From cutting down on committing times to conducting (camera off) business meetings in your pyjamas, there are many positives to working remotely.
However, if you feel like you’ve fallen into a trap of embellishing every email you send with an emoji, use several exclamation marks to convey a friendly tone (especially if you’re a woman) or are partial to a LOL at the end of a sentence for fear of offending, you’ve fallen into the communication quandary known as Slack-splaining.
While you might think this way of working is harmless in the grand scheme of things, it’s making us less productive to the tune of $128 billion (£107 billion) per year. That’s according to Loom’s study of 3,000 knowledge workers in the UK and US, which found that fear of being misinterpreted by colleagues amounts to 19 additional minutes per day rereading emails and 18 minutes per day explaining any confusion that may have arisen from an instant messaging (IM) app like Slack.
The communication software company’s research also uncovered that 97 per cent of workers feel the need to add embellishments like emojis and unnecessary exclamation marks when communicating with co-workers to convey a friendly tone in case what they’ve said is misinterpreted. Loom also found that 93 per cent of respondents believe they must write several sentences to fully explain something instead of prioritising speed for fear of it being misinterpreted, which ultimately ends up slowing them down.
The research above shows how Slack-splaining makes you less productive but is it also making you appear less professional? The answer is yes if you work with an older demographic. That’s according to data compiled by Survey Monkey which found that 29 per cent of older professionals (45 and older) find emoji use unprofessional in a work setting and also added that this form of communication made their colleagues appear less genuine.
Conversely, younger generations (Millennials and Generation Z) rely on emojis to express their feelings (53 per cent) and equate emoji use with approachability (43 per cent and kindness (35 per cent).
And it’s not just an age gap that is widening the possibility of IM communication getting lost in translation; women have always been particularly susceptible to Slack-splaining, even before remote work became the norm. A 2006 study published in the Journal of Computer-Mediated Communication found that 73 per cent of exclamation use in emails comes from female workers for fear of coming off rude or unfriendly.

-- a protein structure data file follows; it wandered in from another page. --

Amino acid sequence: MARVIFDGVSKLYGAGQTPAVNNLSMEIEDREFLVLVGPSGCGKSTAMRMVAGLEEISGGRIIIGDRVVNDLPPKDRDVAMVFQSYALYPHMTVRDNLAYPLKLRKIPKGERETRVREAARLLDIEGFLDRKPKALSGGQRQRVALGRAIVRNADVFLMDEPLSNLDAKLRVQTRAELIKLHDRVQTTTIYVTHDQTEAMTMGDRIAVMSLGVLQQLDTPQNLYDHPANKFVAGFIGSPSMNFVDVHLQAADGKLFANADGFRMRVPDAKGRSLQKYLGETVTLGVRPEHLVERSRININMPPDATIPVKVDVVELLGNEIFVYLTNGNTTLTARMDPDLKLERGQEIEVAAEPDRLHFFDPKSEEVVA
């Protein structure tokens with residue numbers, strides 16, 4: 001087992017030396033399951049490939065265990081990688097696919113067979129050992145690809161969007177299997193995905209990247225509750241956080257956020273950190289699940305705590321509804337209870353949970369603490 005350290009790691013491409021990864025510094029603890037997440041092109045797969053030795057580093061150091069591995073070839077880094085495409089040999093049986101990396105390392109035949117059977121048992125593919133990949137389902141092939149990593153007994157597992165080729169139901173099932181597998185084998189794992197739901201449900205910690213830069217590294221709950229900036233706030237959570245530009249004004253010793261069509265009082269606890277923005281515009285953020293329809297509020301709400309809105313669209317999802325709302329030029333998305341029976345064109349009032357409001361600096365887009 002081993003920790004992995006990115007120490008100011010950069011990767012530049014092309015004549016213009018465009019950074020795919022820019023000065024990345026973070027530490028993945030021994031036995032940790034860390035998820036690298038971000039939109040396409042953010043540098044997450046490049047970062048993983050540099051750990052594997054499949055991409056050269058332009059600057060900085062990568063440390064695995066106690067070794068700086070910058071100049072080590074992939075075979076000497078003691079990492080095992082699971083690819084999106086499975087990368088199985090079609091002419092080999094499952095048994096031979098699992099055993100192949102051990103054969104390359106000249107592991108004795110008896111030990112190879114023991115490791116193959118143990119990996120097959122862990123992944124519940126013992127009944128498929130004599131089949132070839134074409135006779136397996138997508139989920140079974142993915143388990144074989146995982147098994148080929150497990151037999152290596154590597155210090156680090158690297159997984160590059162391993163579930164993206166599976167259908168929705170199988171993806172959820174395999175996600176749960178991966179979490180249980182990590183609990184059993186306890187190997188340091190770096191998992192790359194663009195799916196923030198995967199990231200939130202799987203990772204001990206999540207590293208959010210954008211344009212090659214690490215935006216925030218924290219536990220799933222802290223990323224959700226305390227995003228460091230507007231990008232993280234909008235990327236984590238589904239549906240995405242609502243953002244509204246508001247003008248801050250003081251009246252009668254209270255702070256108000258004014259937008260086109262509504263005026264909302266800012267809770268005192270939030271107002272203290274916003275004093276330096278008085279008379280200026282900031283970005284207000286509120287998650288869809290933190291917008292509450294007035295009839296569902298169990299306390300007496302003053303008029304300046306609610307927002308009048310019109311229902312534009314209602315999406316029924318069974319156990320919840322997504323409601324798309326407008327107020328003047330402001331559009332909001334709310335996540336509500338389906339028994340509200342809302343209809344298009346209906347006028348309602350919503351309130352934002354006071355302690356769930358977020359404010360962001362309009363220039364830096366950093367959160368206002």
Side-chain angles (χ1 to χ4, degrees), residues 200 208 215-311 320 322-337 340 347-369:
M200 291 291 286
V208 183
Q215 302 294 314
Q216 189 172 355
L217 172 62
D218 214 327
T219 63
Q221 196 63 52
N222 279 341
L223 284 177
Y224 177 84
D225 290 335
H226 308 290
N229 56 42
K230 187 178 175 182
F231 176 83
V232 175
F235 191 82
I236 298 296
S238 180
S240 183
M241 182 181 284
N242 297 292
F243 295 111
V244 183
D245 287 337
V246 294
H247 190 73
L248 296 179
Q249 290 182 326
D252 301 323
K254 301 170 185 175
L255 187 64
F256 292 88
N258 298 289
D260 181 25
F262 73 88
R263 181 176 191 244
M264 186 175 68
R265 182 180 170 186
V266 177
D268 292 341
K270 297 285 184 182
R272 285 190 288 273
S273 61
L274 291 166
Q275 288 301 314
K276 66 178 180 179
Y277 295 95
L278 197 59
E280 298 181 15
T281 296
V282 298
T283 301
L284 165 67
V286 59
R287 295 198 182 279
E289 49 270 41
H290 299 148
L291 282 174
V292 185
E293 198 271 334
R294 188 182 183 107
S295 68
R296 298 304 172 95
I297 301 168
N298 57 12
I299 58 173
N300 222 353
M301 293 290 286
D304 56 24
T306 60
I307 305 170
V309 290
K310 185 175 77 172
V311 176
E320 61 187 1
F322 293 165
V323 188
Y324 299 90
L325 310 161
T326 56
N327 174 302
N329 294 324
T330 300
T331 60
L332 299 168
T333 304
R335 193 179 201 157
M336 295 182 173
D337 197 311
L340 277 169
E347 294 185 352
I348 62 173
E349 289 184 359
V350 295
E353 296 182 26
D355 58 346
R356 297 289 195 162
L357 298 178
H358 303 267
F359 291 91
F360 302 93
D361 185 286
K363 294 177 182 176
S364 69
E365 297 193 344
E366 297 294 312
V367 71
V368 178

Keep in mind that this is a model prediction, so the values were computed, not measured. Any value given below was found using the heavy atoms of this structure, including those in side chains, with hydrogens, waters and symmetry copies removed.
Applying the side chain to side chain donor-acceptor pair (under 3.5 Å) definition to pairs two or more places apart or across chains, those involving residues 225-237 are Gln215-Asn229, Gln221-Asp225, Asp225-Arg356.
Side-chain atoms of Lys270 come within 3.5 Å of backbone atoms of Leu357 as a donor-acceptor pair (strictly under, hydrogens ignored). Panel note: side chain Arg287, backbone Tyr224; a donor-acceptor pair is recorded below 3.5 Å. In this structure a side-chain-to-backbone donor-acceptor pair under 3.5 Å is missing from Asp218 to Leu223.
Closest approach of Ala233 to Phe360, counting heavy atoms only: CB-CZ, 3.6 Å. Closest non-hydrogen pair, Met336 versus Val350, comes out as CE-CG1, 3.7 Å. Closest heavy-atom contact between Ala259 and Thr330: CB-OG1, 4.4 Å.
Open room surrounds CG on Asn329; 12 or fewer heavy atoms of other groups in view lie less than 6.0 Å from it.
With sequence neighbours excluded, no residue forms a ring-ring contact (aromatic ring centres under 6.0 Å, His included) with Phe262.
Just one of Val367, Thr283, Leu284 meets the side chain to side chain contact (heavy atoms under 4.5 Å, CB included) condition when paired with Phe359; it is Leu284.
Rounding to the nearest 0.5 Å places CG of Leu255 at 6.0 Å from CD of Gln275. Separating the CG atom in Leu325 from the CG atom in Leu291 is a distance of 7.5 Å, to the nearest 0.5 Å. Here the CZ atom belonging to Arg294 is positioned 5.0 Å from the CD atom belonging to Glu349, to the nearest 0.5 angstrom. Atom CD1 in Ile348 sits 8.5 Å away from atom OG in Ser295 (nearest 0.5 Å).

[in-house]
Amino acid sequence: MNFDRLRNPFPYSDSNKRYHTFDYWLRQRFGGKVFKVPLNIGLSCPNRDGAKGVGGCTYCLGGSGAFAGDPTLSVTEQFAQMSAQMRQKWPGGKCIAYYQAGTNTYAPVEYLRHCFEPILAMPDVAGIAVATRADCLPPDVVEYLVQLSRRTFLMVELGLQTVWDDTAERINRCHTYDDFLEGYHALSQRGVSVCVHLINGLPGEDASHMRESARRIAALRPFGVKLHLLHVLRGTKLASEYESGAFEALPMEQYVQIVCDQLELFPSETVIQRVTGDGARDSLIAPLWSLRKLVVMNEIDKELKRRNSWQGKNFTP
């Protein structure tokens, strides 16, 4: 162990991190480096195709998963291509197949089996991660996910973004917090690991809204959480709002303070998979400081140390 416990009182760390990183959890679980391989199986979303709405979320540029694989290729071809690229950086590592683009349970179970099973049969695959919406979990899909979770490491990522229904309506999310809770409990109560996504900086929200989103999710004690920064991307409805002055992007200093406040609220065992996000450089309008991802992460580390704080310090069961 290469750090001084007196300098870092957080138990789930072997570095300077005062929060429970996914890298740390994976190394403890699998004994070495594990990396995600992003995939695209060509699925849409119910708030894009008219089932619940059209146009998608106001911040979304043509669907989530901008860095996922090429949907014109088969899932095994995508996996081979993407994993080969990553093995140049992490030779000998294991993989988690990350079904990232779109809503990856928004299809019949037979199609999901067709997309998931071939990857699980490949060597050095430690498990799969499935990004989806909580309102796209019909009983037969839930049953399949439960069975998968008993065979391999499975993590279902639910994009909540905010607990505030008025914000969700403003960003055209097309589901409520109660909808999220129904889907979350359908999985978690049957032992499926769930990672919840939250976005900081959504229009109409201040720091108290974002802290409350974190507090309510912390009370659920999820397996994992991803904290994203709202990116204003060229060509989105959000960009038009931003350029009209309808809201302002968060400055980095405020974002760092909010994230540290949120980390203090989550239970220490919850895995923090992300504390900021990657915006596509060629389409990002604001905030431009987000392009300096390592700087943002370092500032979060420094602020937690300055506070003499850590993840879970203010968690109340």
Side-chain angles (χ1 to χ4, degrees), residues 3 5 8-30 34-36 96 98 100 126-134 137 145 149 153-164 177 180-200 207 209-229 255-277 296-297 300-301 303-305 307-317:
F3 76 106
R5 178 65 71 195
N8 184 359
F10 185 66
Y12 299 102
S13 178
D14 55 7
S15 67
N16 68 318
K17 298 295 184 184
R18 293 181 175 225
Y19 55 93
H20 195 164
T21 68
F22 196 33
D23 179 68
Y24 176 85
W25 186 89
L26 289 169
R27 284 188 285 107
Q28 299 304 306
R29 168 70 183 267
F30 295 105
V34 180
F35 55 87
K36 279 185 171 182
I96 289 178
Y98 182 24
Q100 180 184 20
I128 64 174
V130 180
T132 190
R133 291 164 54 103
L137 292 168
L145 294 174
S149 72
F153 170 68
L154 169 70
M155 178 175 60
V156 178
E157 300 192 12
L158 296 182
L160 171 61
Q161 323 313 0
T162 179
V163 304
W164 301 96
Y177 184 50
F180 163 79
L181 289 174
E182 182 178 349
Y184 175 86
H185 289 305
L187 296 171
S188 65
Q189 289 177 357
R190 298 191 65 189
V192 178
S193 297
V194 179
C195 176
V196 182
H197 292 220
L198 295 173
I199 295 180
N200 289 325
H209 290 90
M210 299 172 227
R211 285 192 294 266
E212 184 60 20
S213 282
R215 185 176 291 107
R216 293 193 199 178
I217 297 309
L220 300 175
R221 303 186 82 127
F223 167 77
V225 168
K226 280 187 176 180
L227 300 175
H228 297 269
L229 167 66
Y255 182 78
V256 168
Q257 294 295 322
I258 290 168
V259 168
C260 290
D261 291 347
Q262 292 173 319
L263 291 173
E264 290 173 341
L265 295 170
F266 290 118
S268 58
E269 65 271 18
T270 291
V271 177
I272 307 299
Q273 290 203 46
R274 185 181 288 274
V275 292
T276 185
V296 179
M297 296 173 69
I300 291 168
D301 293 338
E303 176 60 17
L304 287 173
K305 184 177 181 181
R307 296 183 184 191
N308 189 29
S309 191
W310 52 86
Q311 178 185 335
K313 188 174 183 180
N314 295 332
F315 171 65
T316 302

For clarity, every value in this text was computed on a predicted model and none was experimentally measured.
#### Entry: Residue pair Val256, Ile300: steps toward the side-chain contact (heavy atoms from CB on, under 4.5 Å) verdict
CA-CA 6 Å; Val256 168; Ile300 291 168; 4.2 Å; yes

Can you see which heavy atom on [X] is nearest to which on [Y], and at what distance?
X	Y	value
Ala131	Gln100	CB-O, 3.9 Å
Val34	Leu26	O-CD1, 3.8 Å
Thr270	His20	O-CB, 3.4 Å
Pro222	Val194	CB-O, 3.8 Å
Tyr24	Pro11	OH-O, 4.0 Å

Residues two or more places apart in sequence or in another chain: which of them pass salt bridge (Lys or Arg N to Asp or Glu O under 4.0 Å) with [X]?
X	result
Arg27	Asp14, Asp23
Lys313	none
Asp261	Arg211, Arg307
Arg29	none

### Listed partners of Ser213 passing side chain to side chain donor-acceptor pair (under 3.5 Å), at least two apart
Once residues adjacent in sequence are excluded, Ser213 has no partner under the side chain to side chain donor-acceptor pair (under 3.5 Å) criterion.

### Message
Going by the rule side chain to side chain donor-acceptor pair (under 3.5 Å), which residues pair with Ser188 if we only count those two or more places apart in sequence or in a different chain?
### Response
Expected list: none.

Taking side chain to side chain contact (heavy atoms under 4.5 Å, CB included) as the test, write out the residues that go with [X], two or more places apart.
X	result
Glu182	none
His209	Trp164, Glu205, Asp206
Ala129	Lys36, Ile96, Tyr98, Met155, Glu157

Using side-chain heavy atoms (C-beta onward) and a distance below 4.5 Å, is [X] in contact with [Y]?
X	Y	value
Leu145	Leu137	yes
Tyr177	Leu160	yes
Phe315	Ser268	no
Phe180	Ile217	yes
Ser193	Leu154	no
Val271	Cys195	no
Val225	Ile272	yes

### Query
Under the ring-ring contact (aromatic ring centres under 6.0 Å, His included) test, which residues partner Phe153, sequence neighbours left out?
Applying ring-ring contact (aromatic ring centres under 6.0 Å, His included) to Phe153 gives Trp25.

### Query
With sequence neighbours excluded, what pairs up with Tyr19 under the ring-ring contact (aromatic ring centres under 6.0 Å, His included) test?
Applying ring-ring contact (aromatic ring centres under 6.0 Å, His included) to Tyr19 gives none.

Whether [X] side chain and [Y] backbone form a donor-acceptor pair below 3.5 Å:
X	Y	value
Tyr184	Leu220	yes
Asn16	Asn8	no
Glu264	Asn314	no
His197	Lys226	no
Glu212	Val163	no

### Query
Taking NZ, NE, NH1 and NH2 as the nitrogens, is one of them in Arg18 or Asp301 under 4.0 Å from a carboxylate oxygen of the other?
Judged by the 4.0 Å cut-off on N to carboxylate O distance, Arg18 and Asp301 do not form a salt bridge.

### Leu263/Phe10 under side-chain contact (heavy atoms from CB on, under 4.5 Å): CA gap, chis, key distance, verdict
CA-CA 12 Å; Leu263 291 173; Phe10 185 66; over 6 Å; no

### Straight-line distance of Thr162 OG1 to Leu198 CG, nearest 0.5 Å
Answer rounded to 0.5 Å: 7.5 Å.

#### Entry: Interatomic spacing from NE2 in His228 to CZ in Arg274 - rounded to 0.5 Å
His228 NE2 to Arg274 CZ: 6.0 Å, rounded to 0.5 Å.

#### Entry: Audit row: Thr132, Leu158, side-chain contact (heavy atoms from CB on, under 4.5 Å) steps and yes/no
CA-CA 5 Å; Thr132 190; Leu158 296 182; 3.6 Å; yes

So, what can you do about Slack-splaining going forward? If you feel like your relationship with your colleagues has taken a hit, try and schedule a face-to-face meeting or approach your manager about arranging an in-office day to allow everyone to reconnect in a more informal setting.
Or if you feel like you need a clean slate, free of Slack-splaining lexicon legacy, it could be time to look for a new role so you can start afresh, free from the shackles of smiley face and thumbs up emojis. If so, The London Economic Job Board is a great place to start as it’s filled with hundreds of roles with industry leaders that are currently, like our three top picks below.
Chief Compliance Officer – Global Payment – UK, ByteDance, London
ByteDance, the company that includes TikTok in its portfolio of products, is seeking a Chief Compliance Officer for its UK payments centre. The successful candidate will play an integral role in assisting with compliance decisions and will act as a strategic partner on the leadership team. You’ll also build strong working relationships with regulatory bodies, notably the FCA, review legislation and act as the money laundering reporting officer. See the full job spec here.
Senior Machine Learning Optimisation Engineer, Microsoft, Reading
Working within the Microsoft Applied Sciences Group, the Senior Machine Learning Optimisation Engineer will work on several exciting projects that will shape how computers and other devices perceive the user and the user’s environment. The ideal candidate should have a PhD or similar degree in computer vision or machine learning, publications in top-tier conferences or journals, three years experience of Python or C++, experience in deep learning and its different toolkits, in particular Pytorch or Tensorflow. Apply now.
Credit Risk Analyst, Monzo, London
Monzo’s borrowing business is growing rapidly and the online bank is adding a Credit Risk Analyst to its borrowing team. Day-to-day tasks will include leading work streams to improve credit underwriting, boost growth and manage portfolio risk. You’ll also be responsible for delivering market insight, developing customer-lending strategies and overseeing the development of credit models to protect cash flows. Find out more here.